Historic Building of the Week: 7 Franklin St.

Now apartments, the building at 7 Franklin St. was once home to Rev. John Barnard. Photo by Emma Fringuelli

Marblehead is full of ghosts. Lining the streets are spirits of the past, each with their own story to tell. Each has seen the town and its people change, grow, and endure.

Of course, I’m talking about the old houses. Surely you didn’t think I was talking about real ghosts?

One of the oldest of these ghosts is the Parson Barnard House at 7 Franklin St. The house is named after its first resident, Rev. John Barnard. Barnard was born in Boston in 1681.

According to a document from the Massachusetts Cultural Resource Information System (MACRIS), parishioners in Boston built a house for Barnard in Boston in 1714, but after some sort of schism, he moved to Marblehead without inhabiting the aforementioned house. Barnard would end up living at this house.

MACRIS states that, in 1716, he was ordained as an associate of Rev. Samuel Cheever, the first minister of the First Congregational Church of Marblehead. Because the Boston congregation built Barnard a house so quickly, the historians estimate a similar timeline for the Marblehead home, dating its construction to 1716. 

The document reads, “the fact that the Boston house was built may indicate that congregations were in the habit of quickly providing housing and may confirm the building date of 1716.” The plaque on the house, however, reads 1717, and a county deed shows that the property was granted to Barnard by “Thomas Pittman et al.” in 1717.

The document also notes that some have theorized 7 Franklin St. to be the first house in Marblehead with a Georgian facade.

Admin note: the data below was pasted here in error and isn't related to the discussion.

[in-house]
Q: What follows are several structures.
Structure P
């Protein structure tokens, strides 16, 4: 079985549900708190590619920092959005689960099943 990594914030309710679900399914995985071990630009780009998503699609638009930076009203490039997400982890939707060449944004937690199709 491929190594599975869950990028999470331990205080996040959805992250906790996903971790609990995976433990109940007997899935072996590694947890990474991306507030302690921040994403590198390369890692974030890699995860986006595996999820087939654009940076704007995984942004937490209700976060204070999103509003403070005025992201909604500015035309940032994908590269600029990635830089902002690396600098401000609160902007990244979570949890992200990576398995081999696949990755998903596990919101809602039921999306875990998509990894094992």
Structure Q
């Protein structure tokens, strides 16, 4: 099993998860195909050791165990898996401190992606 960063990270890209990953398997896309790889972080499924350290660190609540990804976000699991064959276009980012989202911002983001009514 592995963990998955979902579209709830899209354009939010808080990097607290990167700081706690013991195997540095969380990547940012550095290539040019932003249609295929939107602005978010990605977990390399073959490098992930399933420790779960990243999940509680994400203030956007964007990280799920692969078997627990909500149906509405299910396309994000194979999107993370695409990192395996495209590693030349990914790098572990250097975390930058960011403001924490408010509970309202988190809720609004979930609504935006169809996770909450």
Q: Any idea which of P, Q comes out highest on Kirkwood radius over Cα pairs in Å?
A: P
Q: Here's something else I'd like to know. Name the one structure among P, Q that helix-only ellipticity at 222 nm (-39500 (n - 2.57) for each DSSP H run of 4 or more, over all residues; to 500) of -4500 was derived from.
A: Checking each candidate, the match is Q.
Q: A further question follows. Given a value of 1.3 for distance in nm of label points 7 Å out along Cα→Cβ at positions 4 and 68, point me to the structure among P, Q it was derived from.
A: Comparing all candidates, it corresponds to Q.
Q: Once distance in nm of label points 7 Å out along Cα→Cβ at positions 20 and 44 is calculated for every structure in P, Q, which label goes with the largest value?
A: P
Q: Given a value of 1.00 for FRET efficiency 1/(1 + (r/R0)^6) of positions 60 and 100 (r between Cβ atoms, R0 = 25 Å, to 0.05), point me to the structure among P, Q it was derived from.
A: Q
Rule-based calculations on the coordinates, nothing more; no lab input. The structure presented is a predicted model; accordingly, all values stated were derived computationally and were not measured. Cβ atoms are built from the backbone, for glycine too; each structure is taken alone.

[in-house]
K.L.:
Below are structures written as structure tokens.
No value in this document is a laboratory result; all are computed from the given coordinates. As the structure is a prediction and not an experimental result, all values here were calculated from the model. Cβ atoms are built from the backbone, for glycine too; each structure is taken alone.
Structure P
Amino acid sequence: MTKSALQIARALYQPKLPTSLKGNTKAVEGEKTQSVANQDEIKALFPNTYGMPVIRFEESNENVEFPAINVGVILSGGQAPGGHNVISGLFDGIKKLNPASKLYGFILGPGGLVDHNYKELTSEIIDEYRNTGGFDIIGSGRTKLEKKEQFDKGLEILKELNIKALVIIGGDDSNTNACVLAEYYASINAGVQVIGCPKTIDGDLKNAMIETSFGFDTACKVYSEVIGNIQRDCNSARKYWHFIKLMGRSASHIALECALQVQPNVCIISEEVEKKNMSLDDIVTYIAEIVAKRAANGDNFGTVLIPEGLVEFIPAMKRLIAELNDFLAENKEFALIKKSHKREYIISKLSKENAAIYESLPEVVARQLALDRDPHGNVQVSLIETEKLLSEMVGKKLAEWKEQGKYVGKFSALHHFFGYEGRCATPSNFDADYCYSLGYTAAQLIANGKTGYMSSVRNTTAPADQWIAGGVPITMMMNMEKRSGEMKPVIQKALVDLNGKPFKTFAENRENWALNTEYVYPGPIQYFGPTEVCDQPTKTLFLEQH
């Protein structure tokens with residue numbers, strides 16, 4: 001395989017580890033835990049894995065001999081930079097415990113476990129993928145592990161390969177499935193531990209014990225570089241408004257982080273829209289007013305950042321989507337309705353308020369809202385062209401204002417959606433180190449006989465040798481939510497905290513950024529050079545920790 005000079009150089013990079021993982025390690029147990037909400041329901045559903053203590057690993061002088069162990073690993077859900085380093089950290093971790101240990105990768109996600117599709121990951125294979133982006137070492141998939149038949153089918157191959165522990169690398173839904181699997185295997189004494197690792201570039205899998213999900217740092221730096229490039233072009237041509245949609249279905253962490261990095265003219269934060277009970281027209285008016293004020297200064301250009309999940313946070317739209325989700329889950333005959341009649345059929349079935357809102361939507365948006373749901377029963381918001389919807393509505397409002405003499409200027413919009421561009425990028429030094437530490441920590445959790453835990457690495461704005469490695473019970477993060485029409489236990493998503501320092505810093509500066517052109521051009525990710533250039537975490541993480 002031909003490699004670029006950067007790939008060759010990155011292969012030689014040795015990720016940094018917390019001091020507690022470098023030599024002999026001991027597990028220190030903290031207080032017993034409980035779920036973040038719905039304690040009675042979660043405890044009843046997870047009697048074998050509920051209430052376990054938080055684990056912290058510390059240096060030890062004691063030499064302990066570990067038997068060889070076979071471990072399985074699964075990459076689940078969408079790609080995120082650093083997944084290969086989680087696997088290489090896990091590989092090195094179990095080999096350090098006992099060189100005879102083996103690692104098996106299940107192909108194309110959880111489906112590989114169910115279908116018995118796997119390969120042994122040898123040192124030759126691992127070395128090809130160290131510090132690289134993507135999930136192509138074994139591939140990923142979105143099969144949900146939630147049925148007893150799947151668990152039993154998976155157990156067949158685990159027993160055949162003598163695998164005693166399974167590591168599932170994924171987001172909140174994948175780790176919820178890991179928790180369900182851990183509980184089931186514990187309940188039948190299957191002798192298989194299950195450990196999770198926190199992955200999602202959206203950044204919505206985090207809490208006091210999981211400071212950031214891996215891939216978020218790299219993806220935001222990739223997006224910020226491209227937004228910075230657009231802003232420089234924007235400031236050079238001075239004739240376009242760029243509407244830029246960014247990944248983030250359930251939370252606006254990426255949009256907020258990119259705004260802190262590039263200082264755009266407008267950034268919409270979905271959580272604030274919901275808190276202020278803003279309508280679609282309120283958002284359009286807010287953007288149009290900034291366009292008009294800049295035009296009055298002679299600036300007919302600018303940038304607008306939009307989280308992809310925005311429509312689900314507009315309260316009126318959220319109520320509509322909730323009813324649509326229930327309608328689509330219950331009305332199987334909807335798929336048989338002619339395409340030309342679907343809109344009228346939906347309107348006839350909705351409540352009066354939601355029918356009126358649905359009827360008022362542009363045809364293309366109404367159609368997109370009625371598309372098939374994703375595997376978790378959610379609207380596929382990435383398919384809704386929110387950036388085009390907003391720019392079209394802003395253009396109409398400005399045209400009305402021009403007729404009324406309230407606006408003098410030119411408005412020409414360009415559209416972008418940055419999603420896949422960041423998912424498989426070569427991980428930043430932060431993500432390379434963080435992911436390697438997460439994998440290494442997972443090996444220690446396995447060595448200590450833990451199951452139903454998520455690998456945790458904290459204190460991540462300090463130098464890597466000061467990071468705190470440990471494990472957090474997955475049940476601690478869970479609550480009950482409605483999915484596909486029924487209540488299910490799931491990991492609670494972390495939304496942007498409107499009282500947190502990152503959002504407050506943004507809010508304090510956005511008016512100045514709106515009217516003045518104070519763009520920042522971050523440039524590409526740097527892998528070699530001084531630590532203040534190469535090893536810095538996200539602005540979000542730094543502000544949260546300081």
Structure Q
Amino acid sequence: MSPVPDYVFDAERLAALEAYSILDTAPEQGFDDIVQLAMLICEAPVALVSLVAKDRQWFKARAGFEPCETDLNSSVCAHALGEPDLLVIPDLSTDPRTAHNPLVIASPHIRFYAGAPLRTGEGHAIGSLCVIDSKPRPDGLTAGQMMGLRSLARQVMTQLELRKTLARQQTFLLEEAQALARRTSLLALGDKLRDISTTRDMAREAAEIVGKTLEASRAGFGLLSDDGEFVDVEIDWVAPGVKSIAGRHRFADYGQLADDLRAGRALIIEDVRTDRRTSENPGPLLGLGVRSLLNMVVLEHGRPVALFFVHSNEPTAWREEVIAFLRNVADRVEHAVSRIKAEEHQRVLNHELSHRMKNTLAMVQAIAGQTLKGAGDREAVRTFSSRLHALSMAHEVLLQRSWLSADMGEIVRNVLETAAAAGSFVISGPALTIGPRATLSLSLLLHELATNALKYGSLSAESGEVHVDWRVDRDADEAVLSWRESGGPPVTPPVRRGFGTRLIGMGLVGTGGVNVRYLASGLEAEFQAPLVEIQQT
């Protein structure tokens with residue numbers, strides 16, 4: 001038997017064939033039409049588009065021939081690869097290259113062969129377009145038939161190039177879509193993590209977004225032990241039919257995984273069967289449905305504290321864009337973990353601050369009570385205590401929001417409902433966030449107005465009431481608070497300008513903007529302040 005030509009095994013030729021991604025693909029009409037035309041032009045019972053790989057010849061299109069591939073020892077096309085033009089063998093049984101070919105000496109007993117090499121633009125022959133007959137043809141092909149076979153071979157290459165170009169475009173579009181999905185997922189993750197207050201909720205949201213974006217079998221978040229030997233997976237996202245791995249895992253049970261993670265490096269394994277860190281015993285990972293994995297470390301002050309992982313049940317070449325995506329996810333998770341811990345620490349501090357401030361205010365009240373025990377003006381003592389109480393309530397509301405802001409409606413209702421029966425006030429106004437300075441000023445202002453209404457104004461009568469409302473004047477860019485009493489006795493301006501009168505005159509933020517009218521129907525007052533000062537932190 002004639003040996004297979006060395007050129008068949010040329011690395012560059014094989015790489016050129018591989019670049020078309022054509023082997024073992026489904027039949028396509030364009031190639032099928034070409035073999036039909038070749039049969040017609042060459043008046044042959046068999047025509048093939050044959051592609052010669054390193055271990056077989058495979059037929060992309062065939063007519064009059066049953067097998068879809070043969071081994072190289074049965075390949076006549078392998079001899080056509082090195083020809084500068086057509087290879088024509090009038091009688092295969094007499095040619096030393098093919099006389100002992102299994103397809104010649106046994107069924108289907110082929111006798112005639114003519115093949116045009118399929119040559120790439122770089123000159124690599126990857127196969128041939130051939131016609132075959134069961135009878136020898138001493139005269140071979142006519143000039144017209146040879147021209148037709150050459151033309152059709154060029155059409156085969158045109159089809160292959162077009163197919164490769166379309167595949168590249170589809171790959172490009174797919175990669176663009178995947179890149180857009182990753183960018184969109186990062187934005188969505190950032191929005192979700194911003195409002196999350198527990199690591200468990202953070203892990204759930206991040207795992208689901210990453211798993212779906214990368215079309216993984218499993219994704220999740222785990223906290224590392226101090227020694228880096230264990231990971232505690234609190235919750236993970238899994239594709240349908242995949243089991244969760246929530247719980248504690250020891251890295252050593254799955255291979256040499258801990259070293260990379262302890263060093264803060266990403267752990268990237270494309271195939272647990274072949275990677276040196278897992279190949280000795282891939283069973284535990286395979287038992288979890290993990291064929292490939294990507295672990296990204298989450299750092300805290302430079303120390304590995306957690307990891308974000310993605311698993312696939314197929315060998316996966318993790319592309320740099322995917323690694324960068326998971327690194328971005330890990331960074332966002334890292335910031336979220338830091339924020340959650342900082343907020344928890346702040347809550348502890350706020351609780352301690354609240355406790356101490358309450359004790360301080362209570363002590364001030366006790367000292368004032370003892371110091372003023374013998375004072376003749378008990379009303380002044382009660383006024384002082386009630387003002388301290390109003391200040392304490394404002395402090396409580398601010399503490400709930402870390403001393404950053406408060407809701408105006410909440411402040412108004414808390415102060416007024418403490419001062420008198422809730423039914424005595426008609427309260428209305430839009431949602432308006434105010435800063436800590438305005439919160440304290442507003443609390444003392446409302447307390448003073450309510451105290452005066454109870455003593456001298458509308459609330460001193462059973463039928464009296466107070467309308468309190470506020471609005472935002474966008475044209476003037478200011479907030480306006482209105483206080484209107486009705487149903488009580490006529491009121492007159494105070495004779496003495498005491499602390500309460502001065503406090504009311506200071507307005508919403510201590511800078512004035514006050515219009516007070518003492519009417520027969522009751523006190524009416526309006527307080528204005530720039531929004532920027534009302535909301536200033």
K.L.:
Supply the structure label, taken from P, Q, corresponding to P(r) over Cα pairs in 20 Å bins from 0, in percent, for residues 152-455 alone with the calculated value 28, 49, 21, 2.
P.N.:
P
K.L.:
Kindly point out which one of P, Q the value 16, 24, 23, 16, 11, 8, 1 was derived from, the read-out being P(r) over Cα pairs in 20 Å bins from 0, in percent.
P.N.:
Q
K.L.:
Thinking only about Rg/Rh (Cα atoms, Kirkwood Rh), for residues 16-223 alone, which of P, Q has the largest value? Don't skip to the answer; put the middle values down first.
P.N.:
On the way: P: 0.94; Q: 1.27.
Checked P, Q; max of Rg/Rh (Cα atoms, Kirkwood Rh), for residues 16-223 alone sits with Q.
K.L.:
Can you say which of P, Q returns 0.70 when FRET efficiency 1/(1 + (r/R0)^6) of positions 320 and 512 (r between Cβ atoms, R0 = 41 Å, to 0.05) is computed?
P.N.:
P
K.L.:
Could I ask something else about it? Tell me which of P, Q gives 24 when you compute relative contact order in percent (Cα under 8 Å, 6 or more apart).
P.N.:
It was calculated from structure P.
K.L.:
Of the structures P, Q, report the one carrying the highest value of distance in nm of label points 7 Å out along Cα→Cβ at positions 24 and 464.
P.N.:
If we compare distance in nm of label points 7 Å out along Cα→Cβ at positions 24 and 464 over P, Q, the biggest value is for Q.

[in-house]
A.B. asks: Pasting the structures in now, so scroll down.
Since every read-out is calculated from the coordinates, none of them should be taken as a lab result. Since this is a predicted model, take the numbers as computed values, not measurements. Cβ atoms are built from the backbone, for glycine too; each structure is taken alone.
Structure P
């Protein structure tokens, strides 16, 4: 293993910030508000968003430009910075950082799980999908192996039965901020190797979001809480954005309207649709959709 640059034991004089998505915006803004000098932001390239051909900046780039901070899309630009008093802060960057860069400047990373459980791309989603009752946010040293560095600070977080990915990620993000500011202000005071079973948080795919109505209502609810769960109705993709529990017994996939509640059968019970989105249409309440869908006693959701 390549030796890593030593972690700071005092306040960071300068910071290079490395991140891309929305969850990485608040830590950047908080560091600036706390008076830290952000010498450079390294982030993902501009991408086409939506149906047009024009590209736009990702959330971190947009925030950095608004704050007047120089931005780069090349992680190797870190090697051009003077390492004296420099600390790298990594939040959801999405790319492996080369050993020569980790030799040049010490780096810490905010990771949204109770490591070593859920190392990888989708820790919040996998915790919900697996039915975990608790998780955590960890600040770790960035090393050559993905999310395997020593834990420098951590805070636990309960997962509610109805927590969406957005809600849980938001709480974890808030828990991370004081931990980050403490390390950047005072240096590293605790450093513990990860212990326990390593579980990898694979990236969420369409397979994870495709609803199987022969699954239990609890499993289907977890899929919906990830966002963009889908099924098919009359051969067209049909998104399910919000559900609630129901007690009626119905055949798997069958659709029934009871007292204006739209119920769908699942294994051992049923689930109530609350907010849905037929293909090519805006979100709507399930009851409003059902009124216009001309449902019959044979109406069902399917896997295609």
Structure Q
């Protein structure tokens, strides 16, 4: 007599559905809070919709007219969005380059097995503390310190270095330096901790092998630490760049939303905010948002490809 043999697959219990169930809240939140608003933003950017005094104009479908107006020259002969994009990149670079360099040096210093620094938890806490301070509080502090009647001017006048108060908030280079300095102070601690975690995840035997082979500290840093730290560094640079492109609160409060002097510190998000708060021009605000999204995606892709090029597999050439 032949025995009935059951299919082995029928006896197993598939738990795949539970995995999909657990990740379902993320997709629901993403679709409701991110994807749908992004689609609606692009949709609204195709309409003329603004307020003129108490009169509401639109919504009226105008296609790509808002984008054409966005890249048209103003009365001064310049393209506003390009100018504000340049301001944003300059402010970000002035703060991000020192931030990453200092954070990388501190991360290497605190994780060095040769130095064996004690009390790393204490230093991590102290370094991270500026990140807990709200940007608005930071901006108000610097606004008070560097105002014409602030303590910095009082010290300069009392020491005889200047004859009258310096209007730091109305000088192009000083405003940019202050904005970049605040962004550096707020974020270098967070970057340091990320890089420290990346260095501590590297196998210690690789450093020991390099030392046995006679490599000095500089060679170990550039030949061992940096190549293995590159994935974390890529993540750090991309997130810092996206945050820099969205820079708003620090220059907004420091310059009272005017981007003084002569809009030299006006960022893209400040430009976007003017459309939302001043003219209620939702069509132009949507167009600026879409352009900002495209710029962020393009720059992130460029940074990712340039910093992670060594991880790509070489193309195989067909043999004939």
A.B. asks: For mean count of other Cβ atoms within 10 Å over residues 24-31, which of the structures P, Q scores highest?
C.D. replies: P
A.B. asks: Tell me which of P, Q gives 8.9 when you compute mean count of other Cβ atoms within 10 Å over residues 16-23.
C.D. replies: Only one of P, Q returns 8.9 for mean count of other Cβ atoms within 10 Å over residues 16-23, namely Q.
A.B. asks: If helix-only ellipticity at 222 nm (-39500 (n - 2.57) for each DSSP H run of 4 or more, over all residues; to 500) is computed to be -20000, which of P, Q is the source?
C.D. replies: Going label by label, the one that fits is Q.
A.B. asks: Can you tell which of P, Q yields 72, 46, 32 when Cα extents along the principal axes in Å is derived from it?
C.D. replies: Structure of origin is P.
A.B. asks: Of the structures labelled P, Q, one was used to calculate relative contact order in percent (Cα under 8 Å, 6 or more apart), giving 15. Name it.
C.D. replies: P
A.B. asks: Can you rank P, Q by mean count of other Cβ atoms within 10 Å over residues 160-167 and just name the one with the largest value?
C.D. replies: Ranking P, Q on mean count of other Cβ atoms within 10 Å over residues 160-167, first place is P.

Barnard remained in town until 1770, when he died. Though at times some people tried to get Barnard to change congregations, he refused. In his autobiography, he wrote, “I look upon myself so strongly engaged to Marblehead, from their kind treatment of me, that no prospect of worldly interest shall prevail with me to leave them.”

In those 54 years, however, he would have seen the landscape of Marblehead change both literally and figuratively. The MACRIS document includes a quote attributed to Barnard, “When I came, there was not so much as one proper carpenter, nor mason, nor tailor, nor butcher in the town, nor any thing of a market worth naming; but they had their houses built by country workmen, and their clothes made out of town, and supplied themselves with beef and pork from Boston, which drained the town of its money.”

Little did Barnard know that Marblehead would not only become a booming seafaring, fishing, and shoemaking town, but also a key community in Revolutionary efforts.

While Barnard himself is no longer here to watch the changing tides of Marblehead, his ghost – his house – remains to see the future of this town.